The Thais, most historians believe, began migrating from southern China in the early part of the Christian era.
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At first they formed a number of city-states in the
northern part of what is present-day Thailand, in places like Chiang Saen, Chiang
Rai and Chiang Mai, but these were never strong enough to exert much influence
outside the immediate region.
The area, which is now Thailand, has been populated ever since the dawn of civilization in Asia.
The first humans in this region were hunter-gatherers whose way of life was based on hunting wild animals and gathering whatever grew wild in the woods and the hills.
Later on man learnt to modify nature, growing cereals such as rice and breeding livestock. Rice-growing communities sprang up. Metal casting and pottery making also became highly developed skills as these prehistoric settlements prospered.
Cast bronze technology in the northeastern Thailand area dates from around 2000 BC, making the prehistoric settlements in Thailand just as technologically advanced as those of India and China.
Since the 1960's, archaeological excavations in various parts of Thailand have unearthed many interesting and important sites, a large number of which are prehistoric.
There are several Stone Age settlements, the most notable among them being Ban Kao in Kanchanaburi Province, Non Nok Tha in Khon Kaen Province, and Ban Chiang in Udon Thani Province.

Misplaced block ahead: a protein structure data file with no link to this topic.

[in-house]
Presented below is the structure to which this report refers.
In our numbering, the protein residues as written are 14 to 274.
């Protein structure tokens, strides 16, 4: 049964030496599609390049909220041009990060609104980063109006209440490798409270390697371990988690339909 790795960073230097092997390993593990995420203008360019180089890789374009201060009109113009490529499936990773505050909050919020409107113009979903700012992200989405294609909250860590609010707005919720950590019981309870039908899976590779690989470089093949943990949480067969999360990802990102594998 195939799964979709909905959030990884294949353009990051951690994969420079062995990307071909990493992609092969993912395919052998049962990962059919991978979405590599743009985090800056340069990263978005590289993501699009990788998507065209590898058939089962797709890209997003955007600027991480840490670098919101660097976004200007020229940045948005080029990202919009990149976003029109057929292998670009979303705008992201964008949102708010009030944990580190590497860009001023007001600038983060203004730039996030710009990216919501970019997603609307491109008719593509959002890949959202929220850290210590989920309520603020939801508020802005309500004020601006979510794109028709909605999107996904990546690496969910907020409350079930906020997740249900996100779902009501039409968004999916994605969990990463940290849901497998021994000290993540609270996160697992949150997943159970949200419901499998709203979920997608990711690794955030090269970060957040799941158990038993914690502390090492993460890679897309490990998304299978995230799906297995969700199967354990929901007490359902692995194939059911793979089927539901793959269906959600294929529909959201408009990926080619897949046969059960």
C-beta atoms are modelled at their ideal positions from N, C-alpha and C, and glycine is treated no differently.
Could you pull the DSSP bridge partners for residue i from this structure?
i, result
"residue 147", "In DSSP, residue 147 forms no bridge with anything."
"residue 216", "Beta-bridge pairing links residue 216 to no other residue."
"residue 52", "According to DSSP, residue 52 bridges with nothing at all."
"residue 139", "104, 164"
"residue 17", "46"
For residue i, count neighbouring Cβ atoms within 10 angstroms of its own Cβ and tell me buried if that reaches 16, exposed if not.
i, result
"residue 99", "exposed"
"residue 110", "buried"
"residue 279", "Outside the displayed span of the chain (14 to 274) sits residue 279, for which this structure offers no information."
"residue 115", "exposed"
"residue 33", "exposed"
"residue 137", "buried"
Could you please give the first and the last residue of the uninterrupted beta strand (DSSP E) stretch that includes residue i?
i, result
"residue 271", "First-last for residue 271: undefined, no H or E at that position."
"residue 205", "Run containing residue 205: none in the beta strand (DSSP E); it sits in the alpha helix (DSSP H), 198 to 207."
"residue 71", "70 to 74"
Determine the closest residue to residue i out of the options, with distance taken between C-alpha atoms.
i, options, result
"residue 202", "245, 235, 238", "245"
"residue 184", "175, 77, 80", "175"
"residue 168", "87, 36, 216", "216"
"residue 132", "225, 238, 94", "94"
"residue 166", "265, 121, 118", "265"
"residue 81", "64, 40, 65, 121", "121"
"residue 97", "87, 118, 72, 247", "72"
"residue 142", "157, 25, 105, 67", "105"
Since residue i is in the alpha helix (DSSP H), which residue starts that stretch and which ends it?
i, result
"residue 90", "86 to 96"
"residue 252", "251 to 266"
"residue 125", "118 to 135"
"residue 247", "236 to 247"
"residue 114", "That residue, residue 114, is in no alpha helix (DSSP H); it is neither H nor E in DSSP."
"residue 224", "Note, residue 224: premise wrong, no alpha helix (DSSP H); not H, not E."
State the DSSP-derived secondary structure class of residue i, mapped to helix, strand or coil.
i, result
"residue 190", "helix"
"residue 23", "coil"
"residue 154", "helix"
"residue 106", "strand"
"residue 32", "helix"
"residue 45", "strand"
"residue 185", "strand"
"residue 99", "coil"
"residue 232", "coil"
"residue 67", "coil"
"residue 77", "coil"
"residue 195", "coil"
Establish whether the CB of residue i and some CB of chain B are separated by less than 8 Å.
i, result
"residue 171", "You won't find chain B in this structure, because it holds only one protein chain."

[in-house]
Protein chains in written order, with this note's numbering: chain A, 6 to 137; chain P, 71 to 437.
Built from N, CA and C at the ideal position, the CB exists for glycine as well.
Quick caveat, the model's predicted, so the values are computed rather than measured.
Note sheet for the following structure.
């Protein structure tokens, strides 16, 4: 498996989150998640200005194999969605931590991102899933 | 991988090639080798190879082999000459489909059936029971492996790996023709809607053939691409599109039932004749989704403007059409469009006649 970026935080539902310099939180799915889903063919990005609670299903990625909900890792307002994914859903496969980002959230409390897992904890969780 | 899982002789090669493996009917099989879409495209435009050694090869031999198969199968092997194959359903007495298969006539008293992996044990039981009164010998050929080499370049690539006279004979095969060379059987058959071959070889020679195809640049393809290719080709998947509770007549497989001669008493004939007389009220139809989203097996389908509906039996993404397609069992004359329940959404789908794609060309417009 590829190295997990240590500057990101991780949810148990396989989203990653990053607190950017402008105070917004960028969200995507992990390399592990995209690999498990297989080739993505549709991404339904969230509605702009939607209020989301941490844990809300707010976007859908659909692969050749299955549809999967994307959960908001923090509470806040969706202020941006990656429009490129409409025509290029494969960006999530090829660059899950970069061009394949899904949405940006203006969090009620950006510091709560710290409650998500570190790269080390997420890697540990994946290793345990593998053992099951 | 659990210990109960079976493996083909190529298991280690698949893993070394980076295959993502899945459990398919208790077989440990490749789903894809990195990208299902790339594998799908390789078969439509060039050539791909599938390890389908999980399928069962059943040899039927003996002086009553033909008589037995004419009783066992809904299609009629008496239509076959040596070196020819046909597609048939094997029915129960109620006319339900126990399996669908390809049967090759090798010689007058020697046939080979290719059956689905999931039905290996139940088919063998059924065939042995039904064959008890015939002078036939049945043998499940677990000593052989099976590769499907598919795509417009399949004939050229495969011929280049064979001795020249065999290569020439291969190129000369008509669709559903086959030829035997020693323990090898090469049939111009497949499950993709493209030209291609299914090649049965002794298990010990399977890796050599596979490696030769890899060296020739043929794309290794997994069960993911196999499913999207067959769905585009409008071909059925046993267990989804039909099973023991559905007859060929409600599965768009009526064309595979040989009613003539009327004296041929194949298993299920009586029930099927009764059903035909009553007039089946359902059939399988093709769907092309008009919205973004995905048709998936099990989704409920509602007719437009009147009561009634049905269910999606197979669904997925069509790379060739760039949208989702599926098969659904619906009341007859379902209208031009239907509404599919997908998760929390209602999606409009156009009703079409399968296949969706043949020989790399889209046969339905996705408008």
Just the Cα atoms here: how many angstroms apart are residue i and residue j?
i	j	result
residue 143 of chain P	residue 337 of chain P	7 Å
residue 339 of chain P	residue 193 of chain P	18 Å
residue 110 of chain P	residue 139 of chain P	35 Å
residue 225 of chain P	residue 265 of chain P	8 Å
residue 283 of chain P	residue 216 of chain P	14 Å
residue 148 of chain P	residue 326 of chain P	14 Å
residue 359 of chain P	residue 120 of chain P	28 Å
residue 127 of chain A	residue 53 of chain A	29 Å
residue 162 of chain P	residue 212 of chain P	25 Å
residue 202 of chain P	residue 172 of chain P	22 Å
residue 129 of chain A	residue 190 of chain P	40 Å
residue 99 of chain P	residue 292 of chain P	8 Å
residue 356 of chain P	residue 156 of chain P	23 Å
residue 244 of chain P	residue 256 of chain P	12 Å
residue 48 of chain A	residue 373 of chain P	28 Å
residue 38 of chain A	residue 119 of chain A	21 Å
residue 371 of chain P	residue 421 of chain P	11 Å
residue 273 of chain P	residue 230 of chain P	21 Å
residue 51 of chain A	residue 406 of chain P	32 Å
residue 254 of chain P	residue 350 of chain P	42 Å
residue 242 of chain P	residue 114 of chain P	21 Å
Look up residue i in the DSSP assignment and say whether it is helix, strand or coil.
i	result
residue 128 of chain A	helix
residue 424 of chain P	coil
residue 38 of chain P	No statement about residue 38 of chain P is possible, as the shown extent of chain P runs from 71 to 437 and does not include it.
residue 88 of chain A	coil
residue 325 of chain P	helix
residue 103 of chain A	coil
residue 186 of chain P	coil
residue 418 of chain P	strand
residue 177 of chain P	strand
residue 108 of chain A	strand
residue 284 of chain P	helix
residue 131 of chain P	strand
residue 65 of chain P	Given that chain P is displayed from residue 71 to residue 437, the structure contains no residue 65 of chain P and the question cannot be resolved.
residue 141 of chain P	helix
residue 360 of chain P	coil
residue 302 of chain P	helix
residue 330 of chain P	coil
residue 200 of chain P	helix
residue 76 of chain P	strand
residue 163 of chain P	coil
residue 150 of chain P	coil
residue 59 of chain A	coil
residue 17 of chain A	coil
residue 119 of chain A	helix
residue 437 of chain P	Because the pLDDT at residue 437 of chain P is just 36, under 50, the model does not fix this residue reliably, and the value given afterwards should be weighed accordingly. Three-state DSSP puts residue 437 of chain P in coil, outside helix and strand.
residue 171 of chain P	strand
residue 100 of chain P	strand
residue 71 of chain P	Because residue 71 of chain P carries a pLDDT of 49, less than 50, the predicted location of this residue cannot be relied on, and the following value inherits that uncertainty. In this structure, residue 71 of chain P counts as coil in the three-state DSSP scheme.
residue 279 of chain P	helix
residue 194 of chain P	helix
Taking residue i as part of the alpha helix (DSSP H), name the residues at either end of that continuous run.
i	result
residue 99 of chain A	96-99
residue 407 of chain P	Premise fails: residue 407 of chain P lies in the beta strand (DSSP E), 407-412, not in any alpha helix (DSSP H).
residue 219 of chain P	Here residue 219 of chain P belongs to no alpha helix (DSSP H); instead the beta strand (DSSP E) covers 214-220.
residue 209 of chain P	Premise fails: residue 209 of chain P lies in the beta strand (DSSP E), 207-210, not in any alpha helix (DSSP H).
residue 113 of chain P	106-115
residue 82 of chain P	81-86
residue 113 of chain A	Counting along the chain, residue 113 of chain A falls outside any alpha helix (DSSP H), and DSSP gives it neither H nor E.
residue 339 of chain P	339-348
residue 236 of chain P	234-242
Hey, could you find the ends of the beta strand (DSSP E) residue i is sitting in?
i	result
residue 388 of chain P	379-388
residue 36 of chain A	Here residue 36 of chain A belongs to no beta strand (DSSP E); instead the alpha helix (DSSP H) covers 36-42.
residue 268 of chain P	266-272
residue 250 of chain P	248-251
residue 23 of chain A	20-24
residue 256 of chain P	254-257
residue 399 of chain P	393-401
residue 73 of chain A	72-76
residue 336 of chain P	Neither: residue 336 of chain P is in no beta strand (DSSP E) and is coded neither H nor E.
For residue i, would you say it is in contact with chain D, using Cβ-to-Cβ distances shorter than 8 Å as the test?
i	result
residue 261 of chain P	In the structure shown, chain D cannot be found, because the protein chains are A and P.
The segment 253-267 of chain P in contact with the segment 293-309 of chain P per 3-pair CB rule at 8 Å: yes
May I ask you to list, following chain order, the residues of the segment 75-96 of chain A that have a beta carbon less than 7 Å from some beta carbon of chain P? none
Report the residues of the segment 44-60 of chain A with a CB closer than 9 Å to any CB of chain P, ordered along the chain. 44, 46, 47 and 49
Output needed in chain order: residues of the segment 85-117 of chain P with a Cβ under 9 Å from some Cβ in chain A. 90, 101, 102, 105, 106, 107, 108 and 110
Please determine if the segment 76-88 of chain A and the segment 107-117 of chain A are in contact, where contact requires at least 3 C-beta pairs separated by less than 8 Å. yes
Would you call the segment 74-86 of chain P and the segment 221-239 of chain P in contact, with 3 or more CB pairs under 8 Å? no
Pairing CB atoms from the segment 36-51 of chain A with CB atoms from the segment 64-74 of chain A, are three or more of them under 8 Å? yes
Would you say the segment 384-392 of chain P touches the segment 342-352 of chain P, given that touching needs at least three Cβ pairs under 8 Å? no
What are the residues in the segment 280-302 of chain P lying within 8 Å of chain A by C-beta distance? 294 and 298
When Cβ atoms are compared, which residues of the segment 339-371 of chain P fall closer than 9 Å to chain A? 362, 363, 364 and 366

The spectacular finds at Ban Chiang include bronze utensils and ornaments, painted pottery, and bimetallic (bronze and iron) weapons. Ban Chiang was apparently settled as far back as 6,000 years ago and was continually inhabited for some 4,000 years. It was an agricultural community, with skilled metal workers and potters.
Artistically, the glory of Ban Chiang is the large amount of painted pottery found at the site. The most graceful shapes and intricate designs can be found on pottery dating back to the 300 BC - 200 AD period.
The people who lived in Ban Chiang comprised only one among many prehistoric communities in Thailand, which makes Thailand one of the cradles of Asian civilization and an area which was inhabited for thousands of years before the emergence of the first Thai state.
Gradually the Thais migrated further south to the broad and fertile central plains, and expanded their dominance over nearly the entire Indochina Peninsula. Contradictory as it may seem, however, recent archaeological discoveries around the northeast hamlet of Ban Chiang suggest that the worlds oldest Bronze Age civilization was flourishing in Thailand some 5,000 years ago.